One of the greatest aspects of living with a cat is their instinct to use their litter box for all their bathroom needs. With the implicit understanding that their litter box is the only place for certain activities, cats make it their own personal space (as long as any waste is removed with delay) to use whenever they prefer. Things don’t always go swimmingly for cats in this department, though. There are various reasons behind litter box problems that range from simply exasperating to downright dangerous, and it’s key to know the difference.
Litter box problems can be avoided by ensuring they are always clean, in ideal locations throughout the house, and have the desired look and feel. The rule of thumb is to have one box per cat, plus one more. This is especially true in homes with more than level, and especially with more than one cat. Sure, that makes for a lot of extra litter scooping. But the benefits of this practice far outweigh any possible drawbacks.
Generally speaking, litter box problems are separated into two categories: medical and behavioral.
Getting Into It
Medical issues that result in litter box problems should be ruled out first. Make an appointment for your cat as quickly as possible (waiting could result in continued or chronic behavior). Common conditions related to this include:
- Urinary tract disease
- Kidney disease
- Thyroid disease
- Gastrointestinal disease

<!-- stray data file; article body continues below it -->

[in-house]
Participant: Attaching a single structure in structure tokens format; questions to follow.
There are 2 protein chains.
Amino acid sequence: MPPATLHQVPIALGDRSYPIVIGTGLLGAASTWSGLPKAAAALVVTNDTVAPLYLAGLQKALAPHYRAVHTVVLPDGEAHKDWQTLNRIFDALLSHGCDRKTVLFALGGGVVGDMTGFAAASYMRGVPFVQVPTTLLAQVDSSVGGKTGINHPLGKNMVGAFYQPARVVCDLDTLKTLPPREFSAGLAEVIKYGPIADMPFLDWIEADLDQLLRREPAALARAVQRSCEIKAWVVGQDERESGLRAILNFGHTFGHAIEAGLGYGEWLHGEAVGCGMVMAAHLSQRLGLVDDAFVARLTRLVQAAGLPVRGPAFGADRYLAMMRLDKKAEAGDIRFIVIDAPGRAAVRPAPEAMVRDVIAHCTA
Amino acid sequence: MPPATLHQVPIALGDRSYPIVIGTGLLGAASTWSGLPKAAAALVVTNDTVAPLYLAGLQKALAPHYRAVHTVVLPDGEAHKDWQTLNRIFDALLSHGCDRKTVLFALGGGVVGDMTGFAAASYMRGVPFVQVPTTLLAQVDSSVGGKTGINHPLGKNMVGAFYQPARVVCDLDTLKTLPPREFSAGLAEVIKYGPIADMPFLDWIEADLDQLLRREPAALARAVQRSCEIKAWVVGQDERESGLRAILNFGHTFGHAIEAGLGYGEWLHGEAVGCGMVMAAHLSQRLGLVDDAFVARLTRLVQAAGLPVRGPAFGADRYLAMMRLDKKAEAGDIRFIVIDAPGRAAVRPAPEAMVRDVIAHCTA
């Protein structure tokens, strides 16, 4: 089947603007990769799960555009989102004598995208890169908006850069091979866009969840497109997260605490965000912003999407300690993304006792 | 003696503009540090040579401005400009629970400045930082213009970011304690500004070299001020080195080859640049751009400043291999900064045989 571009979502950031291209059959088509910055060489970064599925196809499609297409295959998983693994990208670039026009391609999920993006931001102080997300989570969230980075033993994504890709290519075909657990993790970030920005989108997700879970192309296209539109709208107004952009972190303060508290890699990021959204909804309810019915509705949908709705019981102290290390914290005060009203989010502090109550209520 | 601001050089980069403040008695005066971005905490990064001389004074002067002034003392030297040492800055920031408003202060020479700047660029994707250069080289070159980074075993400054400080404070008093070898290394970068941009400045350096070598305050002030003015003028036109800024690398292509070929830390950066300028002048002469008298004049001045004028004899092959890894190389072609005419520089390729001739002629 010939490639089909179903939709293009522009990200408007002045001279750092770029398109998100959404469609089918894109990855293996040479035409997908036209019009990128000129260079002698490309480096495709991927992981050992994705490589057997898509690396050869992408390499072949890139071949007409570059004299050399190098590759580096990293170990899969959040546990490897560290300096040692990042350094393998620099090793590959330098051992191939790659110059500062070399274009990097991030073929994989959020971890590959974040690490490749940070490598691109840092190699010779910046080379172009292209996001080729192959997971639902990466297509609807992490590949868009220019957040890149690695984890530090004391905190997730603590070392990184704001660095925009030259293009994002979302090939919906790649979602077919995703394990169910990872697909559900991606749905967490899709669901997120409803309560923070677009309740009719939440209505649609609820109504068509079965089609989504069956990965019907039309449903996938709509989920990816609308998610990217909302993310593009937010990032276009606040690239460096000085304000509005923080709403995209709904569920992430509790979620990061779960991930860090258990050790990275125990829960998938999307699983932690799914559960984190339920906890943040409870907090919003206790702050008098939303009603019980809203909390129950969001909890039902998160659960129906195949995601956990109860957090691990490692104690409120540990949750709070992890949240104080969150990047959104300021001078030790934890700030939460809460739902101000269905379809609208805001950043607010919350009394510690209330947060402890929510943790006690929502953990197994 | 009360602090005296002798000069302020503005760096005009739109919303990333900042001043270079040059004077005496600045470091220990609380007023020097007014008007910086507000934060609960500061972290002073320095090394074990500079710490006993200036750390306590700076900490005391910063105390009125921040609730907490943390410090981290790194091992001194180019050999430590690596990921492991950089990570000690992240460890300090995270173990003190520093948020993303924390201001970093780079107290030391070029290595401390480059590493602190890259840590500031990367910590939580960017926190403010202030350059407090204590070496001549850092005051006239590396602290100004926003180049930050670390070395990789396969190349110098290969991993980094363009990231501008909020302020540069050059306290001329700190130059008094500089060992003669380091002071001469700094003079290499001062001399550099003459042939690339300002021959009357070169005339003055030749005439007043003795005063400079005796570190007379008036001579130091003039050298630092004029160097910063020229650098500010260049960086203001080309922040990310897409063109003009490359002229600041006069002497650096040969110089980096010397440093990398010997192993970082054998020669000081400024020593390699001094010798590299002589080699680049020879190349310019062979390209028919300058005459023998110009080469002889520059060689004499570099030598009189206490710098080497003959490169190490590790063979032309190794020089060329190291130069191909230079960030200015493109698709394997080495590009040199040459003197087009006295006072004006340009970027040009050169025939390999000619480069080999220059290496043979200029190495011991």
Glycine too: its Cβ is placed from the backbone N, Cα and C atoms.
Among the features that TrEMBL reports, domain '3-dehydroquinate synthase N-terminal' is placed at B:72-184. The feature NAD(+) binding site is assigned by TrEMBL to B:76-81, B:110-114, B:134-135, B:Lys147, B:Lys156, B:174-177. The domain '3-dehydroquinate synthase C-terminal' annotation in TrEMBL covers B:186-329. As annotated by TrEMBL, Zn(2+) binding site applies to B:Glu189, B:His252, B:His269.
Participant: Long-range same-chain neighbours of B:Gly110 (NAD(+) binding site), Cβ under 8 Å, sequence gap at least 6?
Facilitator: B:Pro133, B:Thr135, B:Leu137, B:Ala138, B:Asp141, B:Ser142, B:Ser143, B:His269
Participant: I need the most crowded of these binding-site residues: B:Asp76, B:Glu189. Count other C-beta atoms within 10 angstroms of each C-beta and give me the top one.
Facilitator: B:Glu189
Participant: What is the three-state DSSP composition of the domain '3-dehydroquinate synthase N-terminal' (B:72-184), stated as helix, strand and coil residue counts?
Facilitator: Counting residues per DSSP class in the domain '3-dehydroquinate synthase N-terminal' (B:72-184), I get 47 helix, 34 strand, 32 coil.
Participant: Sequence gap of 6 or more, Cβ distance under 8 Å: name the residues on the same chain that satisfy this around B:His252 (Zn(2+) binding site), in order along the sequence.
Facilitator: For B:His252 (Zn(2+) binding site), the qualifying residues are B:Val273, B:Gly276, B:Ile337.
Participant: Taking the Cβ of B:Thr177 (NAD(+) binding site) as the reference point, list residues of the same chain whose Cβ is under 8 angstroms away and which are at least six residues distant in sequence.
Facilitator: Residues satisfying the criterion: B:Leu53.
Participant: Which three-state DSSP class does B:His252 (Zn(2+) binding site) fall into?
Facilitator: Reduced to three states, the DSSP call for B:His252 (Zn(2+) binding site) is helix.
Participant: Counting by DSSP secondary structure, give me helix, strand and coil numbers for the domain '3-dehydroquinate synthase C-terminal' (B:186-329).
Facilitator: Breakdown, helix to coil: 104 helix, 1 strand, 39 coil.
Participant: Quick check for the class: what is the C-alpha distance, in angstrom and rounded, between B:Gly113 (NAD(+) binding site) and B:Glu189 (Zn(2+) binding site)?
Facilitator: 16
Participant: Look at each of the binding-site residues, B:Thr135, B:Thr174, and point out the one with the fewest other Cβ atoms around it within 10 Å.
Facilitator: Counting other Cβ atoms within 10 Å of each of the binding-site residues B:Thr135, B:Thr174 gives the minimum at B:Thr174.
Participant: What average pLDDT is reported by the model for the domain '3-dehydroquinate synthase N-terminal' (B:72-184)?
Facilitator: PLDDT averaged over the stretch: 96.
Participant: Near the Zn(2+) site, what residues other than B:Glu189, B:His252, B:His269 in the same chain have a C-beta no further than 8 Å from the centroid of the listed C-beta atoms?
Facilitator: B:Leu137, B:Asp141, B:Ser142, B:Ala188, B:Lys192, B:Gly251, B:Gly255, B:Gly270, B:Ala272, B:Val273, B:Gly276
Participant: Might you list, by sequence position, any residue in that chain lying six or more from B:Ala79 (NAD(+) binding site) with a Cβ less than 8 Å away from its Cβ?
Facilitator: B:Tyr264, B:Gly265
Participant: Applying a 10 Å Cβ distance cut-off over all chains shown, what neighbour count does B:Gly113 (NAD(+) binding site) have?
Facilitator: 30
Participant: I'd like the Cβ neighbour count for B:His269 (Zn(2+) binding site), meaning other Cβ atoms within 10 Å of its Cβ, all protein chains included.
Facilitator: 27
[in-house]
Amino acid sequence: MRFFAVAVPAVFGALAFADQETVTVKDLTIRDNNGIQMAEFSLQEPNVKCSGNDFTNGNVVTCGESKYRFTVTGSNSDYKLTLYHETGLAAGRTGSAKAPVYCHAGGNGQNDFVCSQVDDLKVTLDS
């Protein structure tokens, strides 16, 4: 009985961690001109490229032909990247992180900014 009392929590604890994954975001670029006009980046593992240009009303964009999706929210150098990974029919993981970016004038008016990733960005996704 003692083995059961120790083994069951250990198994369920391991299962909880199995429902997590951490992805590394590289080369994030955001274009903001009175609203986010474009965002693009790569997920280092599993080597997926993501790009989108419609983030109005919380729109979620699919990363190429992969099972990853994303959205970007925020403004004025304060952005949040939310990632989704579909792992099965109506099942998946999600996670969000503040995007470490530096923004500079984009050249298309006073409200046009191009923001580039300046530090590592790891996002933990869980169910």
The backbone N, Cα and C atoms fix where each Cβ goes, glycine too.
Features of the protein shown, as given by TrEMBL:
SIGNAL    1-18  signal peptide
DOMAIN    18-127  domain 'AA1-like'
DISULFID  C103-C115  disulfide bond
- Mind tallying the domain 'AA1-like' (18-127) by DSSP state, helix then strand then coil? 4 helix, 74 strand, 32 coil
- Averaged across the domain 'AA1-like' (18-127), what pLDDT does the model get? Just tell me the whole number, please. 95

Advanced diagnostics help us determine the possible cause of litter box problems.
After a clean bill of health is issued, we may pivot to address behavioral issues. Owner observation and intervention should quickly follow any behavioral changes, even slight ones or those that are hardly noticeable. Since cats are so territorial and fussy regarding the look, feel, style, and placement of their litter boxes, it is essential to identify why they suddenly start urinating or defecating outside their box.
Litter box problems can stem from litter type, smell, and feel. If your cat demonstrates a preference for a certain brand or style, don’t bring home something different and expect them to adapt overnight. You can slowly start to add the new product to the older one to eventually phase it out.
Likewise, if they seem to like the location of the litter box, try not to move it without warning to another spot in the house. They really don’t like to be near noise or activity when they do their business.
Solving Litter Box Problems
Empty and wash your cat’s litter boxes with warm, soapy water at least once a week. Watch your cat’s behavior when it’s time for them to use it. They might not like the hood, or would relax if they did have one instead of a simple tray. You might need to try out some possible solutions before landing on the right combination.
Always watch for signs of stress or anxiety, and never punish or scold your cat for peeing/pooping outside their box. There are many odor neutralizing products that sever a cat’s association with specific spots so they don’t continue to relieve themselves there.
Let us know if you have further questions at (732) 531-1212. Oakhurst Veterinary Hospital is always here for your cat!